Sun Pharma buys Ranbaxy for $3.2b, turns it Indian again

Tags: News

All-stock deal involves $3.2b equity & $800m debt transfer

Soumonty Kanungo


Sun Pharmaceutical Industries, India’s largest drugmaker by market value, on Monday announced a deal to buy the Daiichi Sankyo-controlled Ranbaxy Laboratories in an all-stock deal worth $3.2 billion, thus creating the world’s fifth largest generic drugmaker.

The transaction comes at a time when many Indian drug firms are embroiled in legal battles with their western counterparts over intellectual property rights (IPR) issues or are under increased regulatory vigil from the US and the European Union.

The deal includes transfer of $3.2 billion worth of equity and Ranbaxy’s net debt of around $800 million. Sun Pharma is paying a 24.3 per cent premium to the 60-day average weighted price of Ranbaxy shares.

Ranbaxy shares closed in the red in Mumbai trading at Rs 445.20 apiece, down Rs 14.35 or 3.12 per cent, after rallying nearly 10 per cent to Rs 505 in morning trade soon after the deal was announced.

Sun Pharma shares hit an intra-day high of Rs 599 but closed at Rs 587.25, up Rs 15.35 or 2.68 per cent, as investors felt the deal was positive for the Mumbai-based firm.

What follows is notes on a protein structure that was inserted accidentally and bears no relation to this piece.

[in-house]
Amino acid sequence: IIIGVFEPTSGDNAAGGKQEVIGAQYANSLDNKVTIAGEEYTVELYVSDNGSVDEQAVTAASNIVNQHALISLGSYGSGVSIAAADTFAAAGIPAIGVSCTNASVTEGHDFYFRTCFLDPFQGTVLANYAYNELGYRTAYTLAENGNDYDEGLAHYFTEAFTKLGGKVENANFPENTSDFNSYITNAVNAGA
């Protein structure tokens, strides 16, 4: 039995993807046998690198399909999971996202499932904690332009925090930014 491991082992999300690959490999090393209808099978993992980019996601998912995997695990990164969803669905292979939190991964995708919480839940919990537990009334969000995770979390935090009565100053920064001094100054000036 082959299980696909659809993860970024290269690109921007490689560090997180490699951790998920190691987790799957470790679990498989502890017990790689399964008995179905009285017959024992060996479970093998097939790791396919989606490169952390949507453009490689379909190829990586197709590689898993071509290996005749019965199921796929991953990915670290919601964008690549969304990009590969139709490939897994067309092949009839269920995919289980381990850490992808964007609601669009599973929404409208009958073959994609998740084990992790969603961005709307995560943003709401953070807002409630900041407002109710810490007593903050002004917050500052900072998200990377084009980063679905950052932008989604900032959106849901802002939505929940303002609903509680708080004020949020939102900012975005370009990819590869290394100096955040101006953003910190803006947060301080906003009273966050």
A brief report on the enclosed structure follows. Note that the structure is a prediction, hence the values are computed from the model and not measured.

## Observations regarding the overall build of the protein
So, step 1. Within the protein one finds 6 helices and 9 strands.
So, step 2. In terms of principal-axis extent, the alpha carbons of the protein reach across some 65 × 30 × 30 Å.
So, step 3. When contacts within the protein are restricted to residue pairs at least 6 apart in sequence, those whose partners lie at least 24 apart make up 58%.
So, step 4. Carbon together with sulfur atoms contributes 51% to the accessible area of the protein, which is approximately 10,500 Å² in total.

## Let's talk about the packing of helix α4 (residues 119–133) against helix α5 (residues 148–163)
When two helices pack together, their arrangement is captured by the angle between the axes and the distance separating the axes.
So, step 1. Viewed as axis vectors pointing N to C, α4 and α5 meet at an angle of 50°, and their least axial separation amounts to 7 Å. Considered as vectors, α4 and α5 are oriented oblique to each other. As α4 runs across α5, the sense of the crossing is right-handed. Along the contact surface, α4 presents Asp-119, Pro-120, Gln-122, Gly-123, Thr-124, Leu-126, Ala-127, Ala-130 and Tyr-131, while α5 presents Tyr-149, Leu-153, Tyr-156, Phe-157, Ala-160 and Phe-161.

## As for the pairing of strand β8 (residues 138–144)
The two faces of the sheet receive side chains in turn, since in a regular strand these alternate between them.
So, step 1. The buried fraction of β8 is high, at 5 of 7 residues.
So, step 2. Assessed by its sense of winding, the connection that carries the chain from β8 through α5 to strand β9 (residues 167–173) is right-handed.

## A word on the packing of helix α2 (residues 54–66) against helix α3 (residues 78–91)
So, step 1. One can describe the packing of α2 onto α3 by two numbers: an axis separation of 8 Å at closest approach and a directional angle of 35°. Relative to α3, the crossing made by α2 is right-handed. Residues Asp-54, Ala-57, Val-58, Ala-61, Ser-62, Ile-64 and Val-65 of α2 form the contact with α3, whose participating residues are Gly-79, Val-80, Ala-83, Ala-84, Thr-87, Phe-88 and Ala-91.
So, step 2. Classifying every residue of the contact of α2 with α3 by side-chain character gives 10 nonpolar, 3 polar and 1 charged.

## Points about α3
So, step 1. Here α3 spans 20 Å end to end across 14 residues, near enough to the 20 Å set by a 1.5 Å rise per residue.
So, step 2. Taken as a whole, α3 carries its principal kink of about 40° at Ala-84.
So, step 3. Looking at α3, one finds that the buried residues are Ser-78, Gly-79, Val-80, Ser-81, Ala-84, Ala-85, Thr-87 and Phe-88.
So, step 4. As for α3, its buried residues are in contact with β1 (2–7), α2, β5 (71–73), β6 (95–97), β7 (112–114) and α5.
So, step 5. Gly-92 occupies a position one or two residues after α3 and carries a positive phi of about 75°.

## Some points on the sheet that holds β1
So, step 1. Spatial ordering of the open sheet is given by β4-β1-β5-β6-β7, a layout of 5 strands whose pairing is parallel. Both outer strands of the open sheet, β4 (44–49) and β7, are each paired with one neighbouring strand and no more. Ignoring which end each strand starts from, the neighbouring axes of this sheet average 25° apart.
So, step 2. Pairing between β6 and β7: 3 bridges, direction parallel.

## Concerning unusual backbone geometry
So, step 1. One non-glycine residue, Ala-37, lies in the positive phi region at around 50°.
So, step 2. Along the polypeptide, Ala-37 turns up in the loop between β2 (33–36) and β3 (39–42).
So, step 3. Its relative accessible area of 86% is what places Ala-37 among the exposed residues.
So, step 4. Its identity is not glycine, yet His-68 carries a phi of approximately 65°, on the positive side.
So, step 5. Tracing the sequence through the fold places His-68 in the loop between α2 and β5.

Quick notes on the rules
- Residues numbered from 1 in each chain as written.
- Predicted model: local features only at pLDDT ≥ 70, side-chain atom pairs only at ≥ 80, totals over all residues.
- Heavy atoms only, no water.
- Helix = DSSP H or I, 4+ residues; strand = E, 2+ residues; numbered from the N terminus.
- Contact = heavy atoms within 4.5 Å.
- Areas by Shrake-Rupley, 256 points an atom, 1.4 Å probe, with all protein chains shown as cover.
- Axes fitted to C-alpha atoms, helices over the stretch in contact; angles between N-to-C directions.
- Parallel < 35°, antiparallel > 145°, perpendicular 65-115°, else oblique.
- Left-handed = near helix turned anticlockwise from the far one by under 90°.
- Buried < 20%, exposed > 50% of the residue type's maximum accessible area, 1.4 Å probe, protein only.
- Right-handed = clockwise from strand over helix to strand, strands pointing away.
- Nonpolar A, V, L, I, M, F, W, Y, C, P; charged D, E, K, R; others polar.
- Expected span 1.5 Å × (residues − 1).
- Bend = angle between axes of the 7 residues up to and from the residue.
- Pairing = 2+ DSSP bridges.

Under the agreement, Ranbaxy shareholders will receive 0.8 share of Sun Pharma for each Ranbaxy share held. This exchange ratio represents an implied value of Rs 457 for each Ranbaxy share, a premium of 18 per cent to the 30-day volume-weighted average share price and a 24.3 per cent premium to the 60-day volume-weighted average share price as of close of business on April 4, 2014. Sun Pharma expects to close the deal by December 2014 and make the transaction EPS-accretive a year after.

The landmark transaction in the recent history of the Indian pharma industry makes Daiichi the single largest shareholder of Sun Pharma after its founder and managing director Dilip Shanghvi with a nine per cent stake and a seat on the board.

The combined entity will be the largest in the Indian market with exposure to 13 specialty segments. It will have operations in 65 countries with 47 manufacturing facilities across five continents, and a significant platform of specialty and generic products marketed globally, including 629 abbreviated new drug applications (ANDAs).

On a pro-forma basis, the combined entity’s revenues are estimated to be $4.2 billion with an Ebitda of $1.2 billion for the 12 months ended December 31, 2013. The transaction value implies a revenue multiple of 2.2 based on the 12 months ended December 31, 2013.

The transaction is expected to represent a tax-free exchange to Ranbaxy shareholders, who are expected to own approximately 14 per cent of the combined company on a pro-forma basis.

Upon closing, Daiichi Sankyo will become a significant shareholder of Sun Pharma and will have the right to nominate one director to Sun Pharma’s board of directors, the company said in a release.

G V Prasad, chairman and CEO of Dr Reddy’s Labs, said: “It is a great move by Sun Pharma consistent with its strategy of acquiring distressed assets and turning them around.”